• The concept, which was developed in a time of rapid technological innovation in financial markets, is an attempt to address the frictions between regulators’ desire to encourage and enable innovation and the emphasis on regulation
  • A regulatory sandbox introduces the potential to change the nature of the relationship between regulators and financial services providers (regulated or aspiring) toward a more open and active dialogue.
  • It may also enable the regulator to revise and shape the regulatory and supervisory framework with agility
  • A regulatory sandbox would benefit fintech companies by way of reduced time to launch innovative products at a lower cost

4 . Negative Rate Policy

Context : Negative rate policy – once considered only for economies with chronically low inflation such as Europe and Japan – is becoming a more attractive option for some other central banks to counter unwelcome rises in their currencies.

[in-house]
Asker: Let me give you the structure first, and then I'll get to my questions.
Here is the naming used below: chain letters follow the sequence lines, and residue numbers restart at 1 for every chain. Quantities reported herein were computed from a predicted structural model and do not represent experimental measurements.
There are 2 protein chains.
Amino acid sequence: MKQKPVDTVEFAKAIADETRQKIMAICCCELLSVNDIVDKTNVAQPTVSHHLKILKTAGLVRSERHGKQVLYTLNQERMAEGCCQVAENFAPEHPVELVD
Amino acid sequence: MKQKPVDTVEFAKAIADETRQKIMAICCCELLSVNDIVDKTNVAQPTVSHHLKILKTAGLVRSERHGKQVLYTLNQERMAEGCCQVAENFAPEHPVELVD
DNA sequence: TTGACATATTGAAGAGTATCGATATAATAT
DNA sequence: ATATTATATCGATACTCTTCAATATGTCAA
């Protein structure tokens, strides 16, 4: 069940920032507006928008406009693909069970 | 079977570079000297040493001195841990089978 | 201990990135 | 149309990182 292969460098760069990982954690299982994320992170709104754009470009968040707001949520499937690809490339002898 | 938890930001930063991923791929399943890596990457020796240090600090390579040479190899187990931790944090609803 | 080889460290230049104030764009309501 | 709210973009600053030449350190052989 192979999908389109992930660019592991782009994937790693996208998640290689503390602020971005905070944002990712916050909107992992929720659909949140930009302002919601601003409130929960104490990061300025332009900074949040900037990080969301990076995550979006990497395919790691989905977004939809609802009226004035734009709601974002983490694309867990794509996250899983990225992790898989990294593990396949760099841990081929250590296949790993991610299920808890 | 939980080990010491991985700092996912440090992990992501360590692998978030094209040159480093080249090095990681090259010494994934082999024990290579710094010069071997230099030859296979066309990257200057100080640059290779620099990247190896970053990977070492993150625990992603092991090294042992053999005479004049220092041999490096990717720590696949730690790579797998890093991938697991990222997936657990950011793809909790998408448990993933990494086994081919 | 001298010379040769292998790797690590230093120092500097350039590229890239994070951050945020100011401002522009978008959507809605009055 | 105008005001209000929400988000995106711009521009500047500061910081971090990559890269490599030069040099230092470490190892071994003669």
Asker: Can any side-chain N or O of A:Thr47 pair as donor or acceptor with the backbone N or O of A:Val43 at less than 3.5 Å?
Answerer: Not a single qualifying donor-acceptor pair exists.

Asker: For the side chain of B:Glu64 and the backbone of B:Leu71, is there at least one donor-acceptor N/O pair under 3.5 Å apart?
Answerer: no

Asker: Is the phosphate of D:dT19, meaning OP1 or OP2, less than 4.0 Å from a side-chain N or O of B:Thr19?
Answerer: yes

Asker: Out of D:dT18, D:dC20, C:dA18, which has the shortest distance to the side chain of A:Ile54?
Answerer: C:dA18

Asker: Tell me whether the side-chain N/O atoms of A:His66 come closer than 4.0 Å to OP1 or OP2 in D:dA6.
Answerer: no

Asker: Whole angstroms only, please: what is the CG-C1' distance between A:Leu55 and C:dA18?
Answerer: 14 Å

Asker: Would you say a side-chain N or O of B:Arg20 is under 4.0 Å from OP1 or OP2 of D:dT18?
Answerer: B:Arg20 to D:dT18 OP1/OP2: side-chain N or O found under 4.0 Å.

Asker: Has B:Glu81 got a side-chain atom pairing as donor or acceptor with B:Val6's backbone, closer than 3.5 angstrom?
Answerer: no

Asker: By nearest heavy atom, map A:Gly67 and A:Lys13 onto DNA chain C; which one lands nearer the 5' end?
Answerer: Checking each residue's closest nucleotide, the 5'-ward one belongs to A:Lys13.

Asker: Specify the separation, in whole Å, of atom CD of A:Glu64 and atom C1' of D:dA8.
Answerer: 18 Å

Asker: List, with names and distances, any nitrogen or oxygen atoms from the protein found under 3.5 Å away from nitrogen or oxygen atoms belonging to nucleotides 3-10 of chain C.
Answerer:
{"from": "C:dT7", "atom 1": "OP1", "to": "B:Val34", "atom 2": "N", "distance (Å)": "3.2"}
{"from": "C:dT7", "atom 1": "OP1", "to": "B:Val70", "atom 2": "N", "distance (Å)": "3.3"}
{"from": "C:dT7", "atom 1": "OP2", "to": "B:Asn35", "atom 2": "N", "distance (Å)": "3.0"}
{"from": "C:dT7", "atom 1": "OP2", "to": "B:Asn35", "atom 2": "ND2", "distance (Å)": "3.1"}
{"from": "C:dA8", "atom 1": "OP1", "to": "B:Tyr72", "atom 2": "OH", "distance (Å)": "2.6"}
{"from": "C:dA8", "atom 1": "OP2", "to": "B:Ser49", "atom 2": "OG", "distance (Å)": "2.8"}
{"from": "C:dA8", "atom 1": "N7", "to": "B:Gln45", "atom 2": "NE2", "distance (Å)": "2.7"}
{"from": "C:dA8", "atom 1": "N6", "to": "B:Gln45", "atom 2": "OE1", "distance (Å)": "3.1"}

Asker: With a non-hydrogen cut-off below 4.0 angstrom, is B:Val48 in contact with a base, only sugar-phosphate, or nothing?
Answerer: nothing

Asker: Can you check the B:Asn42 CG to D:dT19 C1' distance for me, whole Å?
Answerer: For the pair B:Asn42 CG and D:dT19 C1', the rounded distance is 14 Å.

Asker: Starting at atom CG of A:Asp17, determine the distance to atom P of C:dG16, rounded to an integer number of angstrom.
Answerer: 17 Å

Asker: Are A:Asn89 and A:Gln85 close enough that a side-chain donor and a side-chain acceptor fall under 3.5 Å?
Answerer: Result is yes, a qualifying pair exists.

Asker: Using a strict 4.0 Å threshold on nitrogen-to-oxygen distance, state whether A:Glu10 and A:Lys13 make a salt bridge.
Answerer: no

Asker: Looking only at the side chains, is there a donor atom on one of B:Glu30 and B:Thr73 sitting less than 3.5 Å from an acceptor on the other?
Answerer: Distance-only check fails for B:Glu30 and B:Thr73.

About Negative rate Policy

  • Under a negative rate policy, financial institutions are required to pay interest for parking excess reserves with the central bank. That way, central banks penalize financial institutions for holding on to cash in hope of prompting them to boost lending.
  • The European Central Bank (ECB) introduced negative rates in June 2014, lowering its deposit rate to -0.1% to stimulate the economy. Given rising economic risks, markets expect the ECB to cut the deposit rate, now at -0.4%, in September.
  • The Bank of Japan (BOJ) adopted negative rates in January 2016, mostly to fend off an unwelcome yen spike from hurting an export-reliant economy. It charges 0.1% interest on a portion of excess reserves financial institutions park with the BOJ.

Pros and Cons

  • Aside from lowering borrowing costs, advocates of negative rates say they help weaken a country’s currency rate by making it a less attractive investment than that of other currencies. A weaker currency gives a country’s export a competitive advantage and boosts inflation by pushing up import costs.
  • But negative rates put downward pressure on the entire yield curve and narrow the margin financial institutions earn from lending. If prolonged ultra-low rates hurt the health of financial institutions too much, they could hold off on lending and damage the economy.